Modern automobiles are extremely well soundproofed. Most such automobiles are operated with the windows closed practically all of the time. In the winter, the heater system of the automobile is used to keep the interior warm and in the summer an air conditioning system is used to cool the interior of the vehicle. In addition, most modern automobiles have radios, or extensive sound entertainment systems in them; and if the radio is being played with the windows closed and with either the heater system or the air conditioner operating (with its accompanying fan) it is difficult, if not impossible, for the occupants of the automobile to hear the siren of an approaching emergency vehicle until such an emergency vehicle is extremely close to the automobile. In fact, in many cases, the driver and other occupants of an automobile do not heat the siren of an approaching emergency vehicle until the emergency vehicle is only a few feet away. As a result, a high potential for an accident between the automobile and the emergency vehicle exists.
To overcome some of the disadvantages of the false alarms which are possible with simple band-pass detections systems, tone detector systems employing a plurality of narrow band tone responsive channels have been developed. Such systems then operate only when tones in all of the channels are present, or when the tones occur in a preestablished successive order.
Four patents which are directed to a type of pattern recognition for an emergency vehicle siren are the patents U.S. Pat. Nos. 3,735,342 to Helliker; 3,859,623 to Koehler; 4,158,190 to Stefanov; and 4,625,206 to Jensen. All of these patents are directed to systems which recognize specific frequencies within the "siren" band of signals typically produced by emergency vehicles. In addition, all of these systems attempt to minimize false triggering of the alarm circuit by noise signals.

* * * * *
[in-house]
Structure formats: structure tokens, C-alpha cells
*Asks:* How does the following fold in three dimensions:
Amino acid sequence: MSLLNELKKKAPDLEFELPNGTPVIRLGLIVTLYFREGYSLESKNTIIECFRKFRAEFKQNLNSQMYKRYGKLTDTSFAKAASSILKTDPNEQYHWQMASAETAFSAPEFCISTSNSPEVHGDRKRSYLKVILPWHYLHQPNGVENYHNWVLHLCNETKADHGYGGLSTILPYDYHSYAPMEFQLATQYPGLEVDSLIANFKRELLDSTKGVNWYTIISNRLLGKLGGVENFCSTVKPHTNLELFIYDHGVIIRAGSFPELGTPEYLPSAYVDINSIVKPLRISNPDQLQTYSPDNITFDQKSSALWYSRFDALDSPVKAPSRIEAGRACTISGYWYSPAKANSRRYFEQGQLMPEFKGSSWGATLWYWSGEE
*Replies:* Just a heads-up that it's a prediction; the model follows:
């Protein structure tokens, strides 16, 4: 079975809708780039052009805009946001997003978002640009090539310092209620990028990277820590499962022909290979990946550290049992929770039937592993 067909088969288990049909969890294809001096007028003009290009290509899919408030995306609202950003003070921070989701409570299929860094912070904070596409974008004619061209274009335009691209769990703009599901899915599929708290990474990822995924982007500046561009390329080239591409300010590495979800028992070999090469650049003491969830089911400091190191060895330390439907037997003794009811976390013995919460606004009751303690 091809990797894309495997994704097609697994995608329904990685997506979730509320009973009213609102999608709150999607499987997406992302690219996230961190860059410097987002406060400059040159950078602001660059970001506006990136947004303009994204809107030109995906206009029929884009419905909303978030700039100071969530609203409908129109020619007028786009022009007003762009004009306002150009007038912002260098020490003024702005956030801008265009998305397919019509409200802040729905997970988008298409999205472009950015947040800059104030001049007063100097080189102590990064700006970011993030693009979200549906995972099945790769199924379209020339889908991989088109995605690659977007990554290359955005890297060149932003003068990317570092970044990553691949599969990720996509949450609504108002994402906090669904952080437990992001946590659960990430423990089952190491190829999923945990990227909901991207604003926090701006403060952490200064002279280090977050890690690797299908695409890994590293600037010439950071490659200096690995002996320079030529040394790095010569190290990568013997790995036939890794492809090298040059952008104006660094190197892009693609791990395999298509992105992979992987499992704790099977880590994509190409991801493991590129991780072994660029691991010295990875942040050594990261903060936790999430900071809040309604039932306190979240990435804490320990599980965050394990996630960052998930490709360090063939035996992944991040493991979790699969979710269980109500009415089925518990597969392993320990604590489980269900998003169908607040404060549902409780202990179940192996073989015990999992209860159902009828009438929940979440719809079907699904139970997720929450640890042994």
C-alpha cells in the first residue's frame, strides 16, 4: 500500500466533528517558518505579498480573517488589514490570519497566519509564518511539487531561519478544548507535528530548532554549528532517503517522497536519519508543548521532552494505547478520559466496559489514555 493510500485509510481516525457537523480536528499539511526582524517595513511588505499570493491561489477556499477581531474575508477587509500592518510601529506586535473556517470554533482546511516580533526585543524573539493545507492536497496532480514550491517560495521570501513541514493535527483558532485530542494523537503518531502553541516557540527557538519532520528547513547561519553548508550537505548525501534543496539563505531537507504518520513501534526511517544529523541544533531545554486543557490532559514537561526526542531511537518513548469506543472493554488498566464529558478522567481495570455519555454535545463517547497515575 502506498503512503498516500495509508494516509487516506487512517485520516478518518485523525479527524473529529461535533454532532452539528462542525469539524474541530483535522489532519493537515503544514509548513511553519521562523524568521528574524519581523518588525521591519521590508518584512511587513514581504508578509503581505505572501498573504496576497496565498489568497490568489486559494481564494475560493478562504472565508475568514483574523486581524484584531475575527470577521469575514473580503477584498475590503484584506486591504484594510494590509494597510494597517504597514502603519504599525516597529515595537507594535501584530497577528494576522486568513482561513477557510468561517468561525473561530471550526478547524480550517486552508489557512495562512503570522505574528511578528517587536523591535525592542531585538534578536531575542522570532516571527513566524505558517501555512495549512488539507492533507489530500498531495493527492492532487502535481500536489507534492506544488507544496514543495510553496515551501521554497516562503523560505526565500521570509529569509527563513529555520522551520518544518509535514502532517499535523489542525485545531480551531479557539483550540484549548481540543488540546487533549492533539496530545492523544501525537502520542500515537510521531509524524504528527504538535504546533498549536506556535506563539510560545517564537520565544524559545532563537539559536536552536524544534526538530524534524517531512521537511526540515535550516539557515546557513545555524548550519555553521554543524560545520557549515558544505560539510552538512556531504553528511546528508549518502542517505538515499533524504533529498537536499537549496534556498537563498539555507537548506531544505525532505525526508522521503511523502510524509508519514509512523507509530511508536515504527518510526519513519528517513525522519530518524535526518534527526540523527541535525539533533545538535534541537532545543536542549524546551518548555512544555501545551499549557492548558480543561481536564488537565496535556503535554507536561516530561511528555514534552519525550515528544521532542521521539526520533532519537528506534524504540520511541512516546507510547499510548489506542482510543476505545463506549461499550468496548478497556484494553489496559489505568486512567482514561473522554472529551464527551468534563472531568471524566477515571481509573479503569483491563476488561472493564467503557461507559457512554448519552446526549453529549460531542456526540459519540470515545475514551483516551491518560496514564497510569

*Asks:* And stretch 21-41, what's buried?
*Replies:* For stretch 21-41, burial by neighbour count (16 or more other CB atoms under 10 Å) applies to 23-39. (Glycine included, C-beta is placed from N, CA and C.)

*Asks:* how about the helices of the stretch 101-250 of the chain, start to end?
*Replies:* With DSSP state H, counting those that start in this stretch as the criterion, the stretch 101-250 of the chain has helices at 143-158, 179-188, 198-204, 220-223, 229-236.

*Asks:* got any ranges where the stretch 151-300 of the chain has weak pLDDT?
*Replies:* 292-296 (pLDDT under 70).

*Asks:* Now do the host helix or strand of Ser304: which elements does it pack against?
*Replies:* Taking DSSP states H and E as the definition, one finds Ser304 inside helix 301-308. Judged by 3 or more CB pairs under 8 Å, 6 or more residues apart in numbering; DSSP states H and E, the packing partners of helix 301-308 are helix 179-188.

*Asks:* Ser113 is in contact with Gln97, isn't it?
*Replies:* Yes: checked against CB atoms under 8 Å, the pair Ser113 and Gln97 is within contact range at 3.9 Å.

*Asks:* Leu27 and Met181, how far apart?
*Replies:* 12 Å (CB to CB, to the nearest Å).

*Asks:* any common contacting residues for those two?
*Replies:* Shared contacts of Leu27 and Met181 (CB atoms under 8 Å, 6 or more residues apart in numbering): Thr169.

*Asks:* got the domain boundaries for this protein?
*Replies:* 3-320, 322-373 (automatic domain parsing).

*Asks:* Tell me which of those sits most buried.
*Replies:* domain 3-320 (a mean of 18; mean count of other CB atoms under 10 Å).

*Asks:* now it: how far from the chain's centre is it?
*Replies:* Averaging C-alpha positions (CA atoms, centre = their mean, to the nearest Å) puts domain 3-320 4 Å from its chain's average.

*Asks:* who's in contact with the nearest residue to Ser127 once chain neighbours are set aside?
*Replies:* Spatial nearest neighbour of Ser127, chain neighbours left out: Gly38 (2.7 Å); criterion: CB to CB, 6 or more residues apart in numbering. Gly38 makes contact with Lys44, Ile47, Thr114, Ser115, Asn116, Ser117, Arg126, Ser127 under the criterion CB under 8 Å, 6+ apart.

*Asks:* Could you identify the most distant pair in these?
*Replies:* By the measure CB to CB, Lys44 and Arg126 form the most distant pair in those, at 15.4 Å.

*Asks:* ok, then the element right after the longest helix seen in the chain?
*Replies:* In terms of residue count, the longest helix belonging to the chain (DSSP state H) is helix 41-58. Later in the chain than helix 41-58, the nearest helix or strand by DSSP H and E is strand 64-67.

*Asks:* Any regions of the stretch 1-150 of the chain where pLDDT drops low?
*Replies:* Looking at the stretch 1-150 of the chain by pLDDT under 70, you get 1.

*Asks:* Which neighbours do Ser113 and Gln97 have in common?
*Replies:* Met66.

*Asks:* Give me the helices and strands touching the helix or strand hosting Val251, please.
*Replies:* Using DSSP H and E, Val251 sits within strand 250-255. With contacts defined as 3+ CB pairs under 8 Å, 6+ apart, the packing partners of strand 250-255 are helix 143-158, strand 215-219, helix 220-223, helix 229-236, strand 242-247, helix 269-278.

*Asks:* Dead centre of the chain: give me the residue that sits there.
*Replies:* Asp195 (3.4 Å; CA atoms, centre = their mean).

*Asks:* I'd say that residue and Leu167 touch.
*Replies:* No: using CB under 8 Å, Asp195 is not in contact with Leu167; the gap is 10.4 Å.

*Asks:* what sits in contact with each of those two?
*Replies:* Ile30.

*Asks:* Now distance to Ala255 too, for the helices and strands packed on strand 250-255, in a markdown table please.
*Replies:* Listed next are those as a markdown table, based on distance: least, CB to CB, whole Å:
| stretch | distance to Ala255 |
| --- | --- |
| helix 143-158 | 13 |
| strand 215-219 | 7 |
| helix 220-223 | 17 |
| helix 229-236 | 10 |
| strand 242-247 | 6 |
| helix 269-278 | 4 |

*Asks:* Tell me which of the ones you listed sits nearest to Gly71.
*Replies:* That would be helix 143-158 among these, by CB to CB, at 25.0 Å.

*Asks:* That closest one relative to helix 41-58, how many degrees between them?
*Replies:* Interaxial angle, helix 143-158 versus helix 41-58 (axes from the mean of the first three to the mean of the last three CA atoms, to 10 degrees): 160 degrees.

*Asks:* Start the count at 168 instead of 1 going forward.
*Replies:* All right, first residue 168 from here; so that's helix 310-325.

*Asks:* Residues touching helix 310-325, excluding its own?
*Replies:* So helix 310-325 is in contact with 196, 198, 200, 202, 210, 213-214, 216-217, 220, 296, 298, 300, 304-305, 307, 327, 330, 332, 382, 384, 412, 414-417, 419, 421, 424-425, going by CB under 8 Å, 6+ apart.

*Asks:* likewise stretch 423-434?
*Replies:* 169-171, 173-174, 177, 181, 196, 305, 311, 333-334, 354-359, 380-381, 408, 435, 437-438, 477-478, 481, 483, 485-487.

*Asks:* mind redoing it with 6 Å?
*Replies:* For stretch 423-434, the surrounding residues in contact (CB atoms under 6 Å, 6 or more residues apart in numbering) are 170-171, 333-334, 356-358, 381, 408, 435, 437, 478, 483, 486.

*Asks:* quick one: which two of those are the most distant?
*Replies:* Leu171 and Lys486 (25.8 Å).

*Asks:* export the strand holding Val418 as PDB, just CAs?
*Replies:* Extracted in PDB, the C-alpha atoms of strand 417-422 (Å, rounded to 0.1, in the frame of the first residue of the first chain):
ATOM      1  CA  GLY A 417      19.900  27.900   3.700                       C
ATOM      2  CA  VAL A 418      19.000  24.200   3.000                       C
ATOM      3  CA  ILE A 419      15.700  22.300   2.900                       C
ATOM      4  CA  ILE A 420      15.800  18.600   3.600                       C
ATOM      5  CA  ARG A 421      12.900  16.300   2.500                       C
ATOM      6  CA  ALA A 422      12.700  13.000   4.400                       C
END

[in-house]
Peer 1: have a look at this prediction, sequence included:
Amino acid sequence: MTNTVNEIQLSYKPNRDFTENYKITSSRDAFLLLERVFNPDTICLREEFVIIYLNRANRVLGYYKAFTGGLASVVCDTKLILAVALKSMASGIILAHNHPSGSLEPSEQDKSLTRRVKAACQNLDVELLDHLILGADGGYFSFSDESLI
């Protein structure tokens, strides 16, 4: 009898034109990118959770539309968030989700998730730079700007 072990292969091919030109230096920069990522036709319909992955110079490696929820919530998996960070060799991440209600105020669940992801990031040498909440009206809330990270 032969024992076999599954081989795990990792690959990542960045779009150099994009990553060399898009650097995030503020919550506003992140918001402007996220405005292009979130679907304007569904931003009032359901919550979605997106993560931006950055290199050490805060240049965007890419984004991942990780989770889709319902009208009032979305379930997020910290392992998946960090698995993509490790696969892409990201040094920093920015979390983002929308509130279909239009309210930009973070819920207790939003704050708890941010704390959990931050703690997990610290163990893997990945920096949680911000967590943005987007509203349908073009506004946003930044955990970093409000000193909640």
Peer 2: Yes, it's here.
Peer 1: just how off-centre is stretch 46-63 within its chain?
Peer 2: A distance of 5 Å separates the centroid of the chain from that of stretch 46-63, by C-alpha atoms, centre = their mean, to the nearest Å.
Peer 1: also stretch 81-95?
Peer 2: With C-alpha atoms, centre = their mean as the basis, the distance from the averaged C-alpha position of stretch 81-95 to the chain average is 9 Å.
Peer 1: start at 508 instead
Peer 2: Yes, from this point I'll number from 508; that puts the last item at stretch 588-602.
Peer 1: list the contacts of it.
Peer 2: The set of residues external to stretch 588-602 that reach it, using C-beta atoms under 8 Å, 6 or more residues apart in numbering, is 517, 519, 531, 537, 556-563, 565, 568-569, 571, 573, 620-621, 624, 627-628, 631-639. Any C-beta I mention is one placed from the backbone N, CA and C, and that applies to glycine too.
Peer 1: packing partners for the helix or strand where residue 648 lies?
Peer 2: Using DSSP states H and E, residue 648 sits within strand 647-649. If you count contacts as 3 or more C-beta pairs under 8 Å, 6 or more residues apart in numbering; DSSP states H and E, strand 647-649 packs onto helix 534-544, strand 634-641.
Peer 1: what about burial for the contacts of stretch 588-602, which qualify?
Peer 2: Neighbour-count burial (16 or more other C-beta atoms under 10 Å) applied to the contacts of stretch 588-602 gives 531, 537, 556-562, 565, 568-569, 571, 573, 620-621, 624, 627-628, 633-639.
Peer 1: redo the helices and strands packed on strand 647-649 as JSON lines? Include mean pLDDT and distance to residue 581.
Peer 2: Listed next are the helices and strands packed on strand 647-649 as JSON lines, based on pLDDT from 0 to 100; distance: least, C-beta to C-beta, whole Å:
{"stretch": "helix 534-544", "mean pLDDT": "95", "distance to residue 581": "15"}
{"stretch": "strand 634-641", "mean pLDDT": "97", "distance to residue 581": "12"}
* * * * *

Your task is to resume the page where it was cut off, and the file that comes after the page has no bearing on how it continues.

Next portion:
The system disclosed in the Helliker patent provides pattern recognition by cascading the detected outputs of tuned filters with one another, so that an output signal is obtained only when the tuned filters all produce an output within a preestablished time interval. The system continuously is reset (thus establishing the preestablished time interval); so that even if noise signals should activate one or more of the tuned filter circuits, no output is obtained. It is necessary for all of the signals to occur in the proper sequence or no output is obtained. if, as a result of interference, an improperly operating siren, or an aberration in the siren frequency (such as caused by the sound bouncing off of buildings or the like), the system of Helliker may be reset without activating the alarm, even in the presence of a siren signal which it is desired to detect.
The Jensen patent is not directed to an alarm for use within an automobile, but is concerned with the actuation of a traffic signal light control to cause the signal light to be operated to cause red lights in one direction and green lights in another, as determined by the direction of the source of the siren sound pattern detected. The Jensen patent, however, is of interest for its disclosure of systems which operate to sequentially detect frequencies found in the typical range of emergency vehicle sirens. The audio tones must be detected in the proper sequence and frequency. Detection of one frequency enables the circuit to detect signals of the next higher (or lower) frequency and so on. Out-of-sequence tones disable the circuit and reset it.
The system disclosed in the Koehler patent is designed to detect a pair of spaced frequencies which are within the siren frequency range. Koehler relies upon a "wailing" siren signal which has a repetition frequency at a relatively low rate. The detected signals produce an output at the repetition frequency which then is used to trigger the alarm. Noise signals occurring at repetition rates other than the repetition frequency, even if they do include signals of the same frequencies as the two siren signal frequencies, will not have the required repetition rate and will not permit triggering of the alarm system. In an extremely noisy, heavy traffic environment, such as typically is found in large cities, it may be possible to false trigger this system.